Peter Thiel Is Very Interested In An Anti-Aging Study With A Horror Movie Premise

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It’s been the premise of countless bad horror movies and urban legends: A creepy old person, or a rich, insane countess, bathes in the blood of the young to stay beautiful. But, strangely, there is some possible medical truth to it. Back in 2012, mouse research found that putting some of the blood from young mice into older mice reversed cognitive decline. Human research, though, has been rare for obvious reasons, but never underestimate the desire of a Silicon Valley billionaire to stop aging.

Peter Thiel is the focus of an article about the technique, called parabiosis. Specifically, it’s about a clinical trial being run by a small Silicon Valley medical firm where, for eight thousand bucks, you can have the blood of the young transfused into your veins to see what happens. Despite how that sounds, parabiosis is a legit medical technique being studied by major medical universities. Thiel, though, took it a step further and had the executive he pays to oversee his health personally call Ambrosia about their study. It’s not yet clear if he’s a study participant.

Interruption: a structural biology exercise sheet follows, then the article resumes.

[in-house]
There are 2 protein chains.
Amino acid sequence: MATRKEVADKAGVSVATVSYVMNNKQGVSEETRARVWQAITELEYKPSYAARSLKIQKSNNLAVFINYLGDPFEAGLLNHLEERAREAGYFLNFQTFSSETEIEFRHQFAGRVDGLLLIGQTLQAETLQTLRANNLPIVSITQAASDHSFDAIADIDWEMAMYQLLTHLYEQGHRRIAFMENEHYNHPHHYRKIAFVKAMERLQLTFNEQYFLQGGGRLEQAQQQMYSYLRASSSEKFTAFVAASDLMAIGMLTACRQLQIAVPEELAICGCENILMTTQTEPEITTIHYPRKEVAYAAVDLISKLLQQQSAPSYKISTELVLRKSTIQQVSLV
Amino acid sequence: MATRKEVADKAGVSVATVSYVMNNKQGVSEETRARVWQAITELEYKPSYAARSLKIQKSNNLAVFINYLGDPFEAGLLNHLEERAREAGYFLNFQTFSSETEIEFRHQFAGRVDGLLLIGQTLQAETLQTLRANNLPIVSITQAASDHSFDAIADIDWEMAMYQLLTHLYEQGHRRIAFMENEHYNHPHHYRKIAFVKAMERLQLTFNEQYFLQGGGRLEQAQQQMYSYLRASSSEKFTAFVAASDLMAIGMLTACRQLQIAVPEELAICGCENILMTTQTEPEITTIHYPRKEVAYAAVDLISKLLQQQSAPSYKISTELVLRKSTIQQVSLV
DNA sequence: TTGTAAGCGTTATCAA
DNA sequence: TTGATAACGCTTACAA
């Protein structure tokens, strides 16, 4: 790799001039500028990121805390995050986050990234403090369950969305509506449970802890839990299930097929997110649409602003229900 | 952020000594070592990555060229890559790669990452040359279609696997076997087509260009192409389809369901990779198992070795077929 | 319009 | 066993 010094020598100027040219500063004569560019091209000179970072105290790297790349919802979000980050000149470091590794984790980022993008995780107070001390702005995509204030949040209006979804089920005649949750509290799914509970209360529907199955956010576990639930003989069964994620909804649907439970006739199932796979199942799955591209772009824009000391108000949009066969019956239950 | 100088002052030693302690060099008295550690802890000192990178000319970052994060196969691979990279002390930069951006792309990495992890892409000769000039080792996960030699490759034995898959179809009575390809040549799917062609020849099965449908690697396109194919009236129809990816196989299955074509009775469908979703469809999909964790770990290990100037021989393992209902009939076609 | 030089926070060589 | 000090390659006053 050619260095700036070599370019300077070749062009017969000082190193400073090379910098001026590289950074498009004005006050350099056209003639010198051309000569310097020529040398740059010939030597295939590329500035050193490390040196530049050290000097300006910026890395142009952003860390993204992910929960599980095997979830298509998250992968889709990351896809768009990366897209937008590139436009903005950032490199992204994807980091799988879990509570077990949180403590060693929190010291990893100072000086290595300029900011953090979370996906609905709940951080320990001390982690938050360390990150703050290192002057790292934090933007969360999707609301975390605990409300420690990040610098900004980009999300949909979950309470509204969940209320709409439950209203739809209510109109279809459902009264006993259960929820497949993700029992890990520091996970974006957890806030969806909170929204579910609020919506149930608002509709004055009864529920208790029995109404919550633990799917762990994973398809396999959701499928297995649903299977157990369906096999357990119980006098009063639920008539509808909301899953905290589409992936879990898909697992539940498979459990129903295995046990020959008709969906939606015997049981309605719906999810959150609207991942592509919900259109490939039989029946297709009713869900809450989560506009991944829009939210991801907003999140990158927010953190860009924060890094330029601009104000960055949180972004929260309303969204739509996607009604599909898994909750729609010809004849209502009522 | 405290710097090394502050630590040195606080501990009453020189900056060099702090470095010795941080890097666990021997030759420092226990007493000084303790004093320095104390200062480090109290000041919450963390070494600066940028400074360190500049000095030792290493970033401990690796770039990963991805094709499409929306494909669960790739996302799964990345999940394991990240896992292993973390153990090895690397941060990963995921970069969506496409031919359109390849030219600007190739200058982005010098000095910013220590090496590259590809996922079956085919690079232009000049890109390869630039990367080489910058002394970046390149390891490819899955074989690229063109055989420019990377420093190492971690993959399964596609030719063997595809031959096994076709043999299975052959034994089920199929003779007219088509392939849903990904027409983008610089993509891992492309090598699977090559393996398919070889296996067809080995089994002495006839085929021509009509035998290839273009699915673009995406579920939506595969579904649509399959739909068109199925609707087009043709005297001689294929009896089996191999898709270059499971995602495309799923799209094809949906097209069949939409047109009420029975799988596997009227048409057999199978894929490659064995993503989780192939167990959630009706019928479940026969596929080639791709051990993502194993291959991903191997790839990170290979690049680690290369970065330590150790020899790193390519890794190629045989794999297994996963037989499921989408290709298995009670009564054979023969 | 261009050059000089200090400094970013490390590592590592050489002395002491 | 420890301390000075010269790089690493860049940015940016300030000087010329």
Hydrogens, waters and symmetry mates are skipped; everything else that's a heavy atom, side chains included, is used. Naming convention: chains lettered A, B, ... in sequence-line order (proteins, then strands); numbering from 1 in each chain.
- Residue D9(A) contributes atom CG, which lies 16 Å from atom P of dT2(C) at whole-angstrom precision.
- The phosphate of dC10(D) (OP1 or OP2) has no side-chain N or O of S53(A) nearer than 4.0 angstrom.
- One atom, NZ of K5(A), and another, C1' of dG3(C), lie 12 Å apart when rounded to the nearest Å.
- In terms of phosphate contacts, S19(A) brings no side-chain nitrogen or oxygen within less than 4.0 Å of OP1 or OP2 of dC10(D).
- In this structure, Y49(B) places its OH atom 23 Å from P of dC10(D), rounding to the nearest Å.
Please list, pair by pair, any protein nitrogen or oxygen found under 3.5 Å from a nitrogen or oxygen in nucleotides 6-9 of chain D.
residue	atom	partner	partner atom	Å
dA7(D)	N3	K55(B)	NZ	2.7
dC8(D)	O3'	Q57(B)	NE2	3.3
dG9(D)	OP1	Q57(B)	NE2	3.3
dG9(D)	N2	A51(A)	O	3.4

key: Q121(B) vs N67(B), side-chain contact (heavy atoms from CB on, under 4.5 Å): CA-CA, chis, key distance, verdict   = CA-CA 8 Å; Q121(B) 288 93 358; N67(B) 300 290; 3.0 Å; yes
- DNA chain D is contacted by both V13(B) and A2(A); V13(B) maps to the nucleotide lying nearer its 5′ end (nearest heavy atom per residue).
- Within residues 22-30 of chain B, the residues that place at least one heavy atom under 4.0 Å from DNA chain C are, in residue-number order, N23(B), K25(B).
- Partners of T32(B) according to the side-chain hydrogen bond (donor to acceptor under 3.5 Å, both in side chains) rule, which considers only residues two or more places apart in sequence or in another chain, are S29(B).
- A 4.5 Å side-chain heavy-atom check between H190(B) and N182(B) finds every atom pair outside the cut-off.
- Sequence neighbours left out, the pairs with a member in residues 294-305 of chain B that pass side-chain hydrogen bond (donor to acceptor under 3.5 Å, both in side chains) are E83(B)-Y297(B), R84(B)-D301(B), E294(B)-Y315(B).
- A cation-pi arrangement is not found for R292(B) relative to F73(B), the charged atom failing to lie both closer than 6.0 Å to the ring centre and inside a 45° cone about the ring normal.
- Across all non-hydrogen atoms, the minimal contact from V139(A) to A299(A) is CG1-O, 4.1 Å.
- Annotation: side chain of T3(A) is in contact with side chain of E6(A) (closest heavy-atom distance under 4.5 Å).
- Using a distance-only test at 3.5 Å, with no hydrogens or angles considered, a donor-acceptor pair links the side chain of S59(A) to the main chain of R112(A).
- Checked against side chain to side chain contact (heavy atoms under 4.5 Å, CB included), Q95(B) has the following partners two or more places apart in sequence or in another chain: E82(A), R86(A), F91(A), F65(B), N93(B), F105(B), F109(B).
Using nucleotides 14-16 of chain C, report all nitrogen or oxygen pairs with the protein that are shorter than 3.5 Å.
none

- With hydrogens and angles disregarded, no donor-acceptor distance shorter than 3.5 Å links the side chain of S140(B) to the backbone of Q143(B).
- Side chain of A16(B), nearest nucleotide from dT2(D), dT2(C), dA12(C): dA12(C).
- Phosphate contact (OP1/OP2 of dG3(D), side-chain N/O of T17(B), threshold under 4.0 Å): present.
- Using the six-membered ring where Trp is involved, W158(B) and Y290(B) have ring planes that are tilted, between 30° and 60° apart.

It’s rumored that parabiosis, among other experimental medical techniques, is widely performed among tech elites, but any doctor would caution against too much optimism. Even those researching it simply don’t quite grasp what the mechanism is. It appears that there are proteins that help reverse aging and stimulate the body to produce more of those proteins, but it’s not entirely clear why the young have these proteins and the older among us don’t, or what these proteins do exactly. There’s also the question of where you’d get that much blood in the first place, considering the urgent need for blood for actual medical emergencies.

In reality, this technique is just a door to determining which proteins are involved, and much more elaborate studies will need to be done to determine what these proteins do. While it’s hard to fault anyone who doesn’t want to wait, there’s a reason medical science isn’t prone to rushing all in without testing a technique. Sometimes we don’t learn the consequences until it’s too late.

(Via Inc.)

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